Throughout history Native Americans have fought for their country with honor and courage, starting with the American Revolution to Iraq and Afghanistan they have served in all the nation’s wars and have demonstrated time and time again their commitment and their dedication to the nation.
November is Native American Indian Heritage Observance Month. It’s a time to celebrate the time-honored traditions, diverse cultures, and historic contributions native people have made within our Armed Forces and the role they play in enriching the charter of the nation.
This month is a good time to educate and raise awareness about the unique opportunities Native Americans have taken in American military history. In fact, between 1917 and 1918 more than 12,000 Native Americans enlisted into the armed services to serve in World War I, which was the greatest number of enlisted people from any one ethnic culture. They served despite the fact they were not granted citizenship until 1924.
The Native American has stood ready when their nation called. During World War II, when the Japanese attacked Pearl Harbor Dec. 7, 1941, there were 5,000 American Indians in military service. One month later in January 1942, 99 percent of eligible male American Indians had registered for the draft and were ready to go to war for the United States of America, and 90 percent of the American Indians who fought in the Vietnam War were volunteers.
“American Indian culture is a tradition of warriors, and Native American Indians still today have the highest record of military service per capita than any other ethnic group in the United States,” said Gabriel McKenna-Groves, 56th Contracting Squadron Infrastructure Flight chief and this year’s Luke Air Force Base NAIH committee chair.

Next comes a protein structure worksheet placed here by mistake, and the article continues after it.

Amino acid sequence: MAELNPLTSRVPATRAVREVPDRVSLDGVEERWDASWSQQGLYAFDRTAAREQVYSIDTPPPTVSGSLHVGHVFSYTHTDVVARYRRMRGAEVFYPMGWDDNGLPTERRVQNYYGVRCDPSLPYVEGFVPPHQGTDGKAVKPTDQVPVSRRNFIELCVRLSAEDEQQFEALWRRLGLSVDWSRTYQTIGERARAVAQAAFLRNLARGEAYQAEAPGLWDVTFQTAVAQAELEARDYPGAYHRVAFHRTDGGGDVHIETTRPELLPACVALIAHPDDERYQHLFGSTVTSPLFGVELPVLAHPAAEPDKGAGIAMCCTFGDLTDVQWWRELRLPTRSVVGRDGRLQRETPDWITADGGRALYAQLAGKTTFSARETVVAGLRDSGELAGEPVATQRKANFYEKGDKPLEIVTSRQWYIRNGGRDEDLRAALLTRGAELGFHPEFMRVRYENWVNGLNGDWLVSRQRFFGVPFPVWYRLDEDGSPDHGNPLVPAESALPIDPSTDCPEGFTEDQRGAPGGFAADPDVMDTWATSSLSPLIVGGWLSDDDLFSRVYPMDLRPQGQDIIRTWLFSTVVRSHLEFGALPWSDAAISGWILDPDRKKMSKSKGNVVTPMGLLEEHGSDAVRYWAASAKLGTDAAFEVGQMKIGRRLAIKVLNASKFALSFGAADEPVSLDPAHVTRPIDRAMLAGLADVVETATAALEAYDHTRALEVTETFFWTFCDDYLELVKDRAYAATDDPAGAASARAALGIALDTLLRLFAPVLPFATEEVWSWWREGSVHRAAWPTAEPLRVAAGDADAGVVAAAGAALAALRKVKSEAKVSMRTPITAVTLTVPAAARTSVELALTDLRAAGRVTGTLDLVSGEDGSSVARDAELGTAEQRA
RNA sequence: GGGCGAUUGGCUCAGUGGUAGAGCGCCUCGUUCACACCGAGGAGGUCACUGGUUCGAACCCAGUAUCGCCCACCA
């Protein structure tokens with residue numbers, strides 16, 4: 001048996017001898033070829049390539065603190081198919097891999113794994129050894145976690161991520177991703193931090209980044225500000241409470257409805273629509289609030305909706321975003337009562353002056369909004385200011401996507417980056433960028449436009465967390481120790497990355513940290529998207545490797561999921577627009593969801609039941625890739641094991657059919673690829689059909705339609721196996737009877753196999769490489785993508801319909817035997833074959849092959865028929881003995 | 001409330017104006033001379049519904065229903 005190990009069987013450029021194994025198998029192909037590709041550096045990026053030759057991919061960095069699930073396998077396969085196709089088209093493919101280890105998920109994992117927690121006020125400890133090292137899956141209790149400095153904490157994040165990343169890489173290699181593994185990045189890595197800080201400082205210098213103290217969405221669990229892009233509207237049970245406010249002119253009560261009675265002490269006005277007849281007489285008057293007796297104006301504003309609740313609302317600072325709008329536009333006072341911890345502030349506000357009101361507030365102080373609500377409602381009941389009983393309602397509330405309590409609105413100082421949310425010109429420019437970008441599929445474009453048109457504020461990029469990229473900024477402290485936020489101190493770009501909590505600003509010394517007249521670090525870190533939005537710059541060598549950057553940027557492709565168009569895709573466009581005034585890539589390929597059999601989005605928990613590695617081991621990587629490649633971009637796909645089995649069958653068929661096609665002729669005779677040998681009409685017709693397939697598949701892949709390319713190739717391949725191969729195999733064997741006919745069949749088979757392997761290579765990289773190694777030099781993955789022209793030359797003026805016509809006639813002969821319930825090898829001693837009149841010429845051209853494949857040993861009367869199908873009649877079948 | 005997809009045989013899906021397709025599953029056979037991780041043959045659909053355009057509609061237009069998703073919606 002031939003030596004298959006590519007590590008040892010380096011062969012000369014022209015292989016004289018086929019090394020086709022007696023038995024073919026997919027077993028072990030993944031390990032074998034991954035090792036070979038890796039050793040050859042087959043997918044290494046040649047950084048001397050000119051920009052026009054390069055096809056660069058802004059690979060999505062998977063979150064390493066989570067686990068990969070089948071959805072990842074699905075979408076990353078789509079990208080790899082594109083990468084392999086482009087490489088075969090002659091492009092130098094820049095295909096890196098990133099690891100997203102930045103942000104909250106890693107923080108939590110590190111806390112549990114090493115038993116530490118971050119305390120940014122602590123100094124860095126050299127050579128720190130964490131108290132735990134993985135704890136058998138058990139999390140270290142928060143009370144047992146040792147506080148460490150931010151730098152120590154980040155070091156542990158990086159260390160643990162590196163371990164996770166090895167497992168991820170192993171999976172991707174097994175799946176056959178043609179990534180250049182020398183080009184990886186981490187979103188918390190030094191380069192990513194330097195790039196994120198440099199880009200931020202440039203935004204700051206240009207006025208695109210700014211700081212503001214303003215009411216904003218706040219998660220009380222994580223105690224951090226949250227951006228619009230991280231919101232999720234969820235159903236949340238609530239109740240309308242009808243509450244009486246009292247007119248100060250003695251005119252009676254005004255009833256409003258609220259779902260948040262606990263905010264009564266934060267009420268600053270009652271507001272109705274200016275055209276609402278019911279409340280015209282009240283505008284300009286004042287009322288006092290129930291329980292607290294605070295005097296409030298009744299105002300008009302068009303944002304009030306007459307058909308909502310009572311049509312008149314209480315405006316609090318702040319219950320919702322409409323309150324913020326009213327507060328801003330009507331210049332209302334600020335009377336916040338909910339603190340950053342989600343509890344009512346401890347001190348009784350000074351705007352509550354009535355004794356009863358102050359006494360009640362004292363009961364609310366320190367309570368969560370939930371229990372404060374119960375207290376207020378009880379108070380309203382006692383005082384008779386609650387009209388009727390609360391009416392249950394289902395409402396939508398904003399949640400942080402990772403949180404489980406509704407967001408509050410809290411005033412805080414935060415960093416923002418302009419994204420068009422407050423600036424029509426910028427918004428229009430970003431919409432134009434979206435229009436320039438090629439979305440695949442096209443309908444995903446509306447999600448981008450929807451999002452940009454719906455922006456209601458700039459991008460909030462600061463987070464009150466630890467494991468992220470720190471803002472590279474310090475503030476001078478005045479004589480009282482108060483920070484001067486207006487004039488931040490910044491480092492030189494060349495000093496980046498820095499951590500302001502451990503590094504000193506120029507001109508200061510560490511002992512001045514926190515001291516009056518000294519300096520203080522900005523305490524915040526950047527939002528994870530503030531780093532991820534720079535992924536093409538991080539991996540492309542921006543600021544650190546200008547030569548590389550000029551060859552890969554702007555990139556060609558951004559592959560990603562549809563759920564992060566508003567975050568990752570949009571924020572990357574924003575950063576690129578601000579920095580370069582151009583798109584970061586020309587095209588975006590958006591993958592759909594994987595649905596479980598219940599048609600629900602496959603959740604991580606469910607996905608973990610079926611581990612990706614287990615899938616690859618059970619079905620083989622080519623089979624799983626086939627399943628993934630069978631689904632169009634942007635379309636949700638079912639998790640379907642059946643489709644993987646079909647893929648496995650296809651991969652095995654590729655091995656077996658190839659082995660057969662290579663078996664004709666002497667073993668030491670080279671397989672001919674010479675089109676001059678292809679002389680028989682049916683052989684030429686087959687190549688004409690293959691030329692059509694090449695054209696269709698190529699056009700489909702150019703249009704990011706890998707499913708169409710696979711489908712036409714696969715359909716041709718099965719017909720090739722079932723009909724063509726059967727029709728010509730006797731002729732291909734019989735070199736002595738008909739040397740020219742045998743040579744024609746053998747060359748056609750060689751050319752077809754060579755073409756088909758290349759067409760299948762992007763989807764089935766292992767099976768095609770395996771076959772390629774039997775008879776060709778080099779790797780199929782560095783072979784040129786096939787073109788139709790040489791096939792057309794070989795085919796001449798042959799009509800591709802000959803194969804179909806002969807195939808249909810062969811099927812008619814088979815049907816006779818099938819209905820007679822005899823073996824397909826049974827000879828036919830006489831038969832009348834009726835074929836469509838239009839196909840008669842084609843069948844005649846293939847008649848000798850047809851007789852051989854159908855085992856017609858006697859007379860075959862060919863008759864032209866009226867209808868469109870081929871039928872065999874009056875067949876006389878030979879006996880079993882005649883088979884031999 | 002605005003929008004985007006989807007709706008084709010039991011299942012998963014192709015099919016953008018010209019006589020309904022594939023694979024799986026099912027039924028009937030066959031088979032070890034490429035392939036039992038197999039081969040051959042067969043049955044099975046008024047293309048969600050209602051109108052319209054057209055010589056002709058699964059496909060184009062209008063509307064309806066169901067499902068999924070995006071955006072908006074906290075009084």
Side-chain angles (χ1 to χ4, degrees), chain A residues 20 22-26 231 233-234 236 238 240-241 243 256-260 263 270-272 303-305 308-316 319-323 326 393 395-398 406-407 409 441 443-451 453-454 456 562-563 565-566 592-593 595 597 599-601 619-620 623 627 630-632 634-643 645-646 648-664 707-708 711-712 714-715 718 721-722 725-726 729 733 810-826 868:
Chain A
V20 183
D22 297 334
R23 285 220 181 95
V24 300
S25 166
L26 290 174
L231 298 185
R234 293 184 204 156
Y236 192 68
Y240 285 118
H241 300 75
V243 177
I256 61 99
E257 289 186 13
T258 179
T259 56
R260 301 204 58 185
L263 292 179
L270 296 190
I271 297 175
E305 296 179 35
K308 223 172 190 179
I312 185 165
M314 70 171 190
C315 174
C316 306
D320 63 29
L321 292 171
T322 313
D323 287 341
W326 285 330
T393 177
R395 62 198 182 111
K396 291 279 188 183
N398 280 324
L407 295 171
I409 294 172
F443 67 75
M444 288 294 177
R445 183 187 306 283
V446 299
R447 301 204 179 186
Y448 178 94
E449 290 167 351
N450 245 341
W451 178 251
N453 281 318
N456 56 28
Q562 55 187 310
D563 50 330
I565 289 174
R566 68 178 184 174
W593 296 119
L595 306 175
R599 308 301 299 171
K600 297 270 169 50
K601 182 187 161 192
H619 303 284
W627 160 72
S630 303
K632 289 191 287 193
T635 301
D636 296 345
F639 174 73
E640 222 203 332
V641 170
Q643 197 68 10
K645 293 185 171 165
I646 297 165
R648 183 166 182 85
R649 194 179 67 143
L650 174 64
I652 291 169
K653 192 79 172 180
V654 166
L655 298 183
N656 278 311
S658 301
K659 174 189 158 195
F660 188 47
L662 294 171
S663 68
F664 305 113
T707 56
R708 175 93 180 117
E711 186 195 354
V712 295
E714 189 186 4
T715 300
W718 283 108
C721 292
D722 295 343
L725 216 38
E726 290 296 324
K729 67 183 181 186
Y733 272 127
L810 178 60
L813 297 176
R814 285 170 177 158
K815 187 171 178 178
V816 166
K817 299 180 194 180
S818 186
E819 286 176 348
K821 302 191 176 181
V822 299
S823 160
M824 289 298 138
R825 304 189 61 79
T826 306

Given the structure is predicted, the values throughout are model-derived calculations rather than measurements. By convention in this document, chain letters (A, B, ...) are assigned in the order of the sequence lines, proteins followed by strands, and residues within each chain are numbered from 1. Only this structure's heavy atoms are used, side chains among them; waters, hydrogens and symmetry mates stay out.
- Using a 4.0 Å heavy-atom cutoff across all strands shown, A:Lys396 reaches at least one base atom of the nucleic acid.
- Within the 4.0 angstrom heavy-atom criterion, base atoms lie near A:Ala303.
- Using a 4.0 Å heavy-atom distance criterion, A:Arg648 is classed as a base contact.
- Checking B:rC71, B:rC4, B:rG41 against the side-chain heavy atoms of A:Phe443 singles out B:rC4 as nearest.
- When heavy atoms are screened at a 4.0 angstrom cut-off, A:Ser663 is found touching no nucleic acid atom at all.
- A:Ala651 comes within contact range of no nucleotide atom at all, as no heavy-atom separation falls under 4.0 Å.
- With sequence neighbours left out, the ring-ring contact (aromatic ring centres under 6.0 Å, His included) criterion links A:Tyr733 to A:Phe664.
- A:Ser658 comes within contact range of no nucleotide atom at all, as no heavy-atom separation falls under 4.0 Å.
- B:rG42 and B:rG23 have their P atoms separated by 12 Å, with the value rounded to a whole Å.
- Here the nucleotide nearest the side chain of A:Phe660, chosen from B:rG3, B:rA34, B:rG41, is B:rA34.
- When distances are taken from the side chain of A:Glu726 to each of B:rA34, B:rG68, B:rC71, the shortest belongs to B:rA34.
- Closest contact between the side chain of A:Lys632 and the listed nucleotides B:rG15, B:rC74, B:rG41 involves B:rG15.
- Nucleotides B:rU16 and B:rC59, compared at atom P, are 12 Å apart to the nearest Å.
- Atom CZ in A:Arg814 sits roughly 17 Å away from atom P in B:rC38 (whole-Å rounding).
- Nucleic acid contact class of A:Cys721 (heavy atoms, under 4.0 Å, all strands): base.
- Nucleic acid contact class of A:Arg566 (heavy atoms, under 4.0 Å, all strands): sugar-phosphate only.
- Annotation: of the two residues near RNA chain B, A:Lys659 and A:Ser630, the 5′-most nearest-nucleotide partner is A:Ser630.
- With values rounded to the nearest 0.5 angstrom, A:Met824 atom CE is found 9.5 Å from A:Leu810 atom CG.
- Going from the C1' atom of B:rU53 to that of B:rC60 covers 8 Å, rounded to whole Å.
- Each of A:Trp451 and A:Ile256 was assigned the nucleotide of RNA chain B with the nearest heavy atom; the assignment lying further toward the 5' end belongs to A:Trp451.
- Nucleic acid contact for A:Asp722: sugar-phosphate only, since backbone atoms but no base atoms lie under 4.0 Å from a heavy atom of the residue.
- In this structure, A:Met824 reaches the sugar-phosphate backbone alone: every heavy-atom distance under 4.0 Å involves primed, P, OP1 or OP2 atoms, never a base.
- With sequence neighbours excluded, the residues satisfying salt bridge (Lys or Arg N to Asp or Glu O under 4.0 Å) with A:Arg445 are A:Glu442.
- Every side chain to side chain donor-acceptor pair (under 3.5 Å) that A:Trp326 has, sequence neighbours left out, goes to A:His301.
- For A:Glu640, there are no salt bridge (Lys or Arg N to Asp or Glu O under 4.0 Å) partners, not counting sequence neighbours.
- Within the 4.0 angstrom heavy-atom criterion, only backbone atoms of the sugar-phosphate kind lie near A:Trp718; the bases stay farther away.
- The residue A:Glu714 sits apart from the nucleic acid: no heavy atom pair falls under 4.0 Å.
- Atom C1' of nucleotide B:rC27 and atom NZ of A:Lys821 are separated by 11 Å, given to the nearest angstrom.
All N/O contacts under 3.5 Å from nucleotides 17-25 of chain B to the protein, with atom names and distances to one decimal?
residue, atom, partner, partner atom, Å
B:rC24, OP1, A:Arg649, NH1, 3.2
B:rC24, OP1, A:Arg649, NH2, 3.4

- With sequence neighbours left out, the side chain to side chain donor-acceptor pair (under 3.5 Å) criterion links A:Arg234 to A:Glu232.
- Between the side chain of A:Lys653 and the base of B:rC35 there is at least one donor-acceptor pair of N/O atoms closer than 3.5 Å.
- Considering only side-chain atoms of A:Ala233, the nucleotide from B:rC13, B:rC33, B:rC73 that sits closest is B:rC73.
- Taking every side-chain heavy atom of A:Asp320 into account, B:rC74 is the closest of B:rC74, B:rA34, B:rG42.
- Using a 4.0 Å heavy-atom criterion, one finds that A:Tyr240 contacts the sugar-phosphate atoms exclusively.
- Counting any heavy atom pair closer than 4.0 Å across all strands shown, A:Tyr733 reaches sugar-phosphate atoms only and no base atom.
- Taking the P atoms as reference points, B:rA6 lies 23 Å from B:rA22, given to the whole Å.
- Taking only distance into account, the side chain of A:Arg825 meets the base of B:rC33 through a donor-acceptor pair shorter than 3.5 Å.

In her family they have a tradition of service. Her father, who was Eastern Band Cherokee and Seneca, served in Gen. George Patton’s 3rd Armored Division in WWII and retired after 27 years of service with the Army.
“I, myself, am former Army, and I’ve been a Defense Department civilian for almost 34 years,” she said.
This year the NAIHM theme, “Serving Our People, Serving Our Nations: Native Visions for Future Generations,” was chosen by the Society of American Indian Government Employees.
An example of their service and sacrifice can be found in Army Spc. Lori Ann Piestewa, a member of the Hopi tribe and the 507th Maintenance Company, a support unit of maintenance and repair personnel, who was killed during the Iraqi War. She was the first Native American woman in history to die in combat while serving with the U.S. military and the first woman in the U.S. armed forces killed in the 2003 invasion of Iraq.
While traveling in a desert convoy, her company got lost March 23, 2003, and ran into an ambush in Nasiriyah. She successfully evaded enemy fire until a rocket-propelled grenade hit the front-left wheel well of the Humvee she was driving. She survived the initial accident with injuries to her head, while three other Soldiers died. She was taken prisoner along with others but died soon after of her wounds.
Piestewa, a 23-year-old single mother of two from Tuba City, Ariz., carried on the long family history of serving in the military as the daughter of a Vietnam veteran and the granddaughter of a WWI veteran had done before her.
“Native American Indians have proudly served in the Air Force since its inception, and many have given their lives in service to our great country while proudly wearing Air Force blue,” McKenna-Groves said.
Luke AFB will observe NAIHM through November with several events including a 5k fun run Nov. 16, an arts and crafts project at the base youth center and an artifacts display at the Luke Library. For more information on the 5K run or arts and crafts project, call Felicity Shorty at (623) 856-2431.